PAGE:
Art and culture
Fano is a seaside town, inhabited by fishermen and sailors for centuries. It is nestled between the hills of The Marches and the Adriatic sea. Fano is city of art, proud of its long history and rich in beautiful roman and medieval architecture and works of art. We recommend you to visit the old city centre, the picturesque harbor flanked by colorful fishermen’s houses, the Teatro della Fortuna (Theatre of Fortune) venue for international opera and theatre performances and, last but not least, the guided walking tour into the amazing underground of Fano.
Fano is a historical city and became a part of the Picena civilization. The Piceni built around Fano many tombs and sporadic archaeological finds were discovered in the old town of city as well as on the slopes of Monte Giove and Roncosambaccio.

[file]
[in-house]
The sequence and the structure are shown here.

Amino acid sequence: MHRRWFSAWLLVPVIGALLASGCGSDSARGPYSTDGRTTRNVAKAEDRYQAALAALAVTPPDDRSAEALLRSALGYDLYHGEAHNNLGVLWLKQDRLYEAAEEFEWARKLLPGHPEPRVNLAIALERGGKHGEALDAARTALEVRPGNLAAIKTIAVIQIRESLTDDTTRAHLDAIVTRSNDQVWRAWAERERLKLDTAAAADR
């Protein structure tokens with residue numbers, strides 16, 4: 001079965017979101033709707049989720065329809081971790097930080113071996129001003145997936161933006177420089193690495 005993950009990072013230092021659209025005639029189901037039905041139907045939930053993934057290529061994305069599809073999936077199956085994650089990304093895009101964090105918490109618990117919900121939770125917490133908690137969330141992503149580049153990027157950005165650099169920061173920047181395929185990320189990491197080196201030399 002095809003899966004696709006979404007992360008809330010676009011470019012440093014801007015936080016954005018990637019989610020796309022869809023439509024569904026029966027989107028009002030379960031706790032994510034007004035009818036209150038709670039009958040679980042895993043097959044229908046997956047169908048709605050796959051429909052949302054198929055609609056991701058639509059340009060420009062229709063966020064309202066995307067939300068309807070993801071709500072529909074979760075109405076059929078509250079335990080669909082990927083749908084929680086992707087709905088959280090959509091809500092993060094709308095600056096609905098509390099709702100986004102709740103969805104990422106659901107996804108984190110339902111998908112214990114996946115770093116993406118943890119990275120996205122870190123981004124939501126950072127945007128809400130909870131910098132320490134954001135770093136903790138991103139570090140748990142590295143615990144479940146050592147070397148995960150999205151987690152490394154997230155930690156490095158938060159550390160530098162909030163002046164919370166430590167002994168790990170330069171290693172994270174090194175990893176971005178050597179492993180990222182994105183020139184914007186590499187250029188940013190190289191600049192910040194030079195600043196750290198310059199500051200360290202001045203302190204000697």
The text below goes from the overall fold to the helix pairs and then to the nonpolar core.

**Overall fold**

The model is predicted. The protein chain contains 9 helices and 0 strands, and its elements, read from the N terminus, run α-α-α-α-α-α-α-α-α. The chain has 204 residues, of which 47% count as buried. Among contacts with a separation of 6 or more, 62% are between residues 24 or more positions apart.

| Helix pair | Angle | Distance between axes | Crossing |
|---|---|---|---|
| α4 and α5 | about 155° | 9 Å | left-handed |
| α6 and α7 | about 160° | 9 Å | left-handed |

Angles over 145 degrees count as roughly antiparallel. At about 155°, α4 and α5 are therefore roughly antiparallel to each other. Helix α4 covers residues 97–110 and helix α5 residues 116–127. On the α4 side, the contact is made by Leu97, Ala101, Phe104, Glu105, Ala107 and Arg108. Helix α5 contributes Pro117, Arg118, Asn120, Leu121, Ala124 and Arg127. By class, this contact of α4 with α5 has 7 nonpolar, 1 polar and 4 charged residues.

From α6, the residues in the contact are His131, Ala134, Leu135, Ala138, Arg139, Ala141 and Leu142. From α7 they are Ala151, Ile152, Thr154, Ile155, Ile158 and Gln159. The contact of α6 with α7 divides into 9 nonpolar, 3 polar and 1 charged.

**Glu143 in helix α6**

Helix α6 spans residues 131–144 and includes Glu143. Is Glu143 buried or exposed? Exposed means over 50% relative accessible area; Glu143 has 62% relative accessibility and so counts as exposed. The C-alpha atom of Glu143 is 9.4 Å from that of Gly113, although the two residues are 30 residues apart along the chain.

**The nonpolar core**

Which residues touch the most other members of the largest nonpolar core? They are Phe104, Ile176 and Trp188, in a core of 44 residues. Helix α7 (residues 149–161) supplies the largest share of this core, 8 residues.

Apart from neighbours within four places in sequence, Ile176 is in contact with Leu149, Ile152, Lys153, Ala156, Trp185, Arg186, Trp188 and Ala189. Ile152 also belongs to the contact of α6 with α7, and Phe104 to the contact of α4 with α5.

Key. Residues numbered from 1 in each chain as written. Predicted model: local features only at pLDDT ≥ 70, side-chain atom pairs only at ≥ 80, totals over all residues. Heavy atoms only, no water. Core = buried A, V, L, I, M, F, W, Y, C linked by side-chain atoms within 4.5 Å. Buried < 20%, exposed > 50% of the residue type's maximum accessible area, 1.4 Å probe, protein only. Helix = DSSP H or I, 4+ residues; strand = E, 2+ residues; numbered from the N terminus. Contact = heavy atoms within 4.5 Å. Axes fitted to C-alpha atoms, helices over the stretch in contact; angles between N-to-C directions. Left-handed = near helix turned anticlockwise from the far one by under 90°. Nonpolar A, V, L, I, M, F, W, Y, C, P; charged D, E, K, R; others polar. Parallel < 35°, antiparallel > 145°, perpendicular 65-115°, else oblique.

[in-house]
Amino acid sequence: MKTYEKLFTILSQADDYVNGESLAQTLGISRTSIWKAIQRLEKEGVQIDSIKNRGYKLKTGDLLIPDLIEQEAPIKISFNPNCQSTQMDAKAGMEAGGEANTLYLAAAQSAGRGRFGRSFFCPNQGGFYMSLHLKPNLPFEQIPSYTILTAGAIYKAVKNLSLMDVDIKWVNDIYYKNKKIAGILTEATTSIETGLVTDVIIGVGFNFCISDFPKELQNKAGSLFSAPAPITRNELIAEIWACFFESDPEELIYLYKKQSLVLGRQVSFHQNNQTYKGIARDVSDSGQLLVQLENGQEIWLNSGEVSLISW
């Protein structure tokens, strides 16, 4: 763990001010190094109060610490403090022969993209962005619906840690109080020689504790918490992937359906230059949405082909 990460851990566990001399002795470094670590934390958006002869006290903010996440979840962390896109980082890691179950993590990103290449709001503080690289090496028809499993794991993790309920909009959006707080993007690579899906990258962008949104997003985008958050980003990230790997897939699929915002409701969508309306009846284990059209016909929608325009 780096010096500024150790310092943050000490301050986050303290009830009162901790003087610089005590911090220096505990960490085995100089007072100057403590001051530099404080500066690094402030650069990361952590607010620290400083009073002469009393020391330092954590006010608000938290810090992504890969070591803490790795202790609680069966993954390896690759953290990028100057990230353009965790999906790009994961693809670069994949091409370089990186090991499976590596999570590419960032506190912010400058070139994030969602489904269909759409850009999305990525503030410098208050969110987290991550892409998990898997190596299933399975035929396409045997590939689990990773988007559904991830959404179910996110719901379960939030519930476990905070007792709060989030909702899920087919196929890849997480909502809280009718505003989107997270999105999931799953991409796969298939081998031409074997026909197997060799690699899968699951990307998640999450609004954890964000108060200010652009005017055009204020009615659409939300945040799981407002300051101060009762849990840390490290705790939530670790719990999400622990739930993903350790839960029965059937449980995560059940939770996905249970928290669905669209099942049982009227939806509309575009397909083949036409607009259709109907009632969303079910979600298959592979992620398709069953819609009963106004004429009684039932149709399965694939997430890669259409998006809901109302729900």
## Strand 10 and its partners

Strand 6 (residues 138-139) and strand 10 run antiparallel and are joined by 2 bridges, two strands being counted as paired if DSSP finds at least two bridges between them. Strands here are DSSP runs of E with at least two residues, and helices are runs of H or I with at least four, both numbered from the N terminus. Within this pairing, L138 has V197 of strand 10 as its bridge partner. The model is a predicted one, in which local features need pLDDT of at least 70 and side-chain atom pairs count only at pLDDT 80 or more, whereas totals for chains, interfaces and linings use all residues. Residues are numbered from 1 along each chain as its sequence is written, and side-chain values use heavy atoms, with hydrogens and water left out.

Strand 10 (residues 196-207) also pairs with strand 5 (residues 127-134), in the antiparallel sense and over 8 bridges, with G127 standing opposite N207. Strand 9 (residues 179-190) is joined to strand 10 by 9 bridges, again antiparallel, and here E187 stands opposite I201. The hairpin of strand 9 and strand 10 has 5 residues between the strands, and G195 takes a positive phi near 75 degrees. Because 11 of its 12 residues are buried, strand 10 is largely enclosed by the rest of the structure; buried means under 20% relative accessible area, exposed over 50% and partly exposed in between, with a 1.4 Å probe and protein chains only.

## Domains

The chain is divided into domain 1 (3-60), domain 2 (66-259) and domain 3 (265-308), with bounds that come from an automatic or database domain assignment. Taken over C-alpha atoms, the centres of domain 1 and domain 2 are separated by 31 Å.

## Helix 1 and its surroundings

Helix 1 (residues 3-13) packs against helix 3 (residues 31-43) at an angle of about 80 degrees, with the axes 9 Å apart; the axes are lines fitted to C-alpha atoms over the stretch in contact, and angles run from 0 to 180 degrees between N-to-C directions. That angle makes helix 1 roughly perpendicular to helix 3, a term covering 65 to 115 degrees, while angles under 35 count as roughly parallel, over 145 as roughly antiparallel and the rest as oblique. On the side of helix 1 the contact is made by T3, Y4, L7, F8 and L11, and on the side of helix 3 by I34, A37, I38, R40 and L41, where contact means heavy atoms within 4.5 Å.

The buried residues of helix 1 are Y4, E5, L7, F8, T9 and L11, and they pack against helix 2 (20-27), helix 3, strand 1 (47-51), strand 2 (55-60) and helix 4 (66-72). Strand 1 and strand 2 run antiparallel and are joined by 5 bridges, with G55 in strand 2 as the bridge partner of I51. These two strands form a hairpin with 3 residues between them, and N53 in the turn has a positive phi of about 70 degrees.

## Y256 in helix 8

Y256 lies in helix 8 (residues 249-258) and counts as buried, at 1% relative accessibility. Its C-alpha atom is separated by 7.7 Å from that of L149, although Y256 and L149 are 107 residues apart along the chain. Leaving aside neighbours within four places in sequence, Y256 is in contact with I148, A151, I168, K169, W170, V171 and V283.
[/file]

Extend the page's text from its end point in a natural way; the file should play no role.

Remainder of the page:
Fano was an important Roman center too and it was originally known as Fanum Fortunae, a name that refers to the “Temple of Fortuna”, probably erected to witness the Battle of Metaurus in 270 BC when the Roman legions defeated the army of the Carthaginian general Hasdrubal, killing the leader who, after crossing the Alps with elephants, intended to be reunited with his brother Hannibal.
In Roman times Fano was both an important harbor and crossroad. The Romans built here a very important road to Rome, the Flaminia Road, which allowed a direct connection between the Valley of the Tiber River and the Cisalpine Gaul. In 49 BC Gaius Julius Caesar conquered Fano and Pesaro, thus beginning the Civil war against antagonist Pompeo.
Only later Emperor Augustus provided the settlement with boundary walls (still partially visible) and he elevated the settlement to the status of a Roman colony with the name of Colonia Julia Fanestris.